Be Careful What You Wish For
From the September 15, 2003 issue: Depending on foreign troops in Iraq is asking for trouble.
Sep 15, 2003, Vol. 9, No. 01 • By REUEL MARC GERECHT
IN THE DEMOCRATIC and Republican stampede to find foreign troops to join American GIs in Iraq, virtually no regard has been paid to whether the deployment of these soldiers is wise given the history, culture, and prejudices of the Iraqi people. Both Secretary of State Colin Powell and Defense Secretary Donald Rumsfeld seem to believe that the United States and Iraq would be much better off if a wide array of foreign soldiers--especially Muslims from such countries as Turkey, Morocco, Egypt, Pakistan, and Bangladesh--backed up American GIs. Secretary Powell's views, of course, have been quite constant. He has essentially mirrored the opinion of the Democratic foreign-policy elite, which shares, on most issues, the preferences and reflexes of the foreign service.
This professional foreign-policy crowd wants to internationalize the conflict because liberal internationalists define success first and foremost through an institutionalized multilateral process. Consensus-building for them is in itself a moral good. Their generally Eurocentric lib-left disposition also makes it difficult for them to see success in any undertaking that seriously distances the western Europeans from Americans, as have both of America's Iraq wars. The truths that Osama bin Laden articulated in his manifestos--that America under Clinton had been, in the holy warriors' eyes, afraid and in retreat--understandably do not sit happily with Democrats. They'd much rather believe that American assertiveness and unilateralism provoke ill will. Most of the Democratic foreign-policy elite would have instinctively inclined toward the Brazilian U.N. diplomat Sergio Vieira de Mello when he remarked, a few days before he was slain by a suicide-bomber, that the Iraqi people viewed the United Nations positively, but not the Americans.
Foreign troops in Iraq will, the Democrats fervently hope, give us "cover" from increasing Iraqi violence and discontent. They will make an American occupation of Iraq seem more legitimate to the world and, ipso facto, more legitimate to Iraqis. International cooperation is thus pragmatically and spiritually the only way out for America in Iraq and elsewhere in the Middle East.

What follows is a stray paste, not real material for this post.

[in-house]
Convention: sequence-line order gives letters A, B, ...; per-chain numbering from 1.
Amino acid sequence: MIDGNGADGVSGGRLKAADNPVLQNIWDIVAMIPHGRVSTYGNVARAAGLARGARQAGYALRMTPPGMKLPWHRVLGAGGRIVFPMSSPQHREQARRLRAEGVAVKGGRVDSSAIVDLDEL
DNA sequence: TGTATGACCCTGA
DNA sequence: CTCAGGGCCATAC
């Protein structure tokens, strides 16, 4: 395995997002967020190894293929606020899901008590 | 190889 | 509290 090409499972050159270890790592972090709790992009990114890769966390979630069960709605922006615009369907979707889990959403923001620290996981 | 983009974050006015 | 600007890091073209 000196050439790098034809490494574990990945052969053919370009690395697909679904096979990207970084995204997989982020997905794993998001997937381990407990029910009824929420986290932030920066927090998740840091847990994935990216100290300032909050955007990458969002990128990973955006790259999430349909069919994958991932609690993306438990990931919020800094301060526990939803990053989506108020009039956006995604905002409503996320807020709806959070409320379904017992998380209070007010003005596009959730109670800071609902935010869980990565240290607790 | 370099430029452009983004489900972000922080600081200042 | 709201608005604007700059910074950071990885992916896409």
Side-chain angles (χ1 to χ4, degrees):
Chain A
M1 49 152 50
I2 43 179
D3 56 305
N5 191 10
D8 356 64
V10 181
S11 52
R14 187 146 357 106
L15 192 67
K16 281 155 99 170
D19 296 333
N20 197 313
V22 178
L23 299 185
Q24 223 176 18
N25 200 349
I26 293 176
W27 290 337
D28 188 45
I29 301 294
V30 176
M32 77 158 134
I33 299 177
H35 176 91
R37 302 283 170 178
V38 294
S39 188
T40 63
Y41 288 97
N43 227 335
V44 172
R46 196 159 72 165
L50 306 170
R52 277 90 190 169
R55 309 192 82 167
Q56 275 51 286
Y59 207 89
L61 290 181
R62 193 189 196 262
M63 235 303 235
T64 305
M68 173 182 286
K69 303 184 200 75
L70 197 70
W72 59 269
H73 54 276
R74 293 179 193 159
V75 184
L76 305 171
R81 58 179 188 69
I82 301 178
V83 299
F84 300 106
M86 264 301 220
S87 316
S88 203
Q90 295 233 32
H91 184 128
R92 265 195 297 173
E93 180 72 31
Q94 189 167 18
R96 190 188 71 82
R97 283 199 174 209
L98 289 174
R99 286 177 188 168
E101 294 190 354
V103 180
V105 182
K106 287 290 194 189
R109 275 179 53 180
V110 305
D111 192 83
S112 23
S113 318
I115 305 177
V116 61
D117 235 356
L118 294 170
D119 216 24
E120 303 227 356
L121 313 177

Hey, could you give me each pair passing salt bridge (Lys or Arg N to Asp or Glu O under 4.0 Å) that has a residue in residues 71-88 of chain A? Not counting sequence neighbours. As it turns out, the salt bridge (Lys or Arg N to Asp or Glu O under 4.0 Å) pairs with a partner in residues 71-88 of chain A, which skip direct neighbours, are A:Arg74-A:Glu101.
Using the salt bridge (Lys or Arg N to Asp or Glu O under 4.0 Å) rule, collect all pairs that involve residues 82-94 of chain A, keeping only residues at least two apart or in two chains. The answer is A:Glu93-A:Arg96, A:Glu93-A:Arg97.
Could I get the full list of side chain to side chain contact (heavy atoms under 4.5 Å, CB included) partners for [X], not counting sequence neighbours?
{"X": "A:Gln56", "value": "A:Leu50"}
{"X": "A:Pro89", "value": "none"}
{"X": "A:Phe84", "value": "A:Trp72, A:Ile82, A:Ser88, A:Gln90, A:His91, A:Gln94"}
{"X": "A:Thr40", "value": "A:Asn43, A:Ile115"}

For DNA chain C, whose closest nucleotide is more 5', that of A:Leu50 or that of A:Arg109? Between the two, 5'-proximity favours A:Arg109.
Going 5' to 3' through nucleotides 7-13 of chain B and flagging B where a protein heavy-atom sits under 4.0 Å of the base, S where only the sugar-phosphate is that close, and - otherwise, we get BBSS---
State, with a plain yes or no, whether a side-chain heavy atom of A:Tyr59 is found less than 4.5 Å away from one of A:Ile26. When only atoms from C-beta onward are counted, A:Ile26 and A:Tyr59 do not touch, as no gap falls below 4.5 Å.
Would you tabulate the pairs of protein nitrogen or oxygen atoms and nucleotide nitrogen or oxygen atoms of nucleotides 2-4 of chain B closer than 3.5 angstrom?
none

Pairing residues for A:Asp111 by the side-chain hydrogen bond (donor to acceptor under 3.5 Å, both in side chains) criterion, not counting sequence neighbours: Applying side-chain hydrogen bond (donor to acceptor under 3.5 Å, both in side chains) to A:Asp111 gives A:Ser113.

What the right believes about Iraq and foreign troops is much less intellectually consistent and generated more by panic. The recent bombings in Baghdad and Najaf have convulsed the Defense Department and the White House. Slowly but surely, the U.S. military and its civilian leadership have begun to contemplate an ugly possible truth: that most Iraqi Arab Sunnis, who were the power base for Saddam Hussein's rule, don't want to let go of Sunni domination of Iraqi society. It had been hoped in Washington that Arab Sunnis, who, after all, had also suffered under Saddam's totalitarianism, wouldn't actively support former Baathists and other potentially violent anti-American forces.
However, it appears that Arab Sunnis in Iraq have not collectively and in decisive numbers rejected the past and embraced a nonviolent path to some kind of democratic order--as have the vast majority of Kurds and Shiites. An increasingly sophisticated insurgency by these anti-American Sunni forces seems to be under way. This insurgency may prove short-lived; it certainly will if an overwhelming majority of Iraqi Sunnis reject the violence of the Baathists, the native jihadists, and the foreign holy warriors crossing the Syrian and Iranian borders. Hundreds of foreign holy warriors couldn't clandestinely live for long in Iraq's Sunni belt without a significant number of the surrounding population acquiescing to their presence. One of the main reasons why these same foreign holy warriors have not been crossing the Iran/Iraq border in the Shiite regions of the country is surely that the Shiites are hostile to their intentions.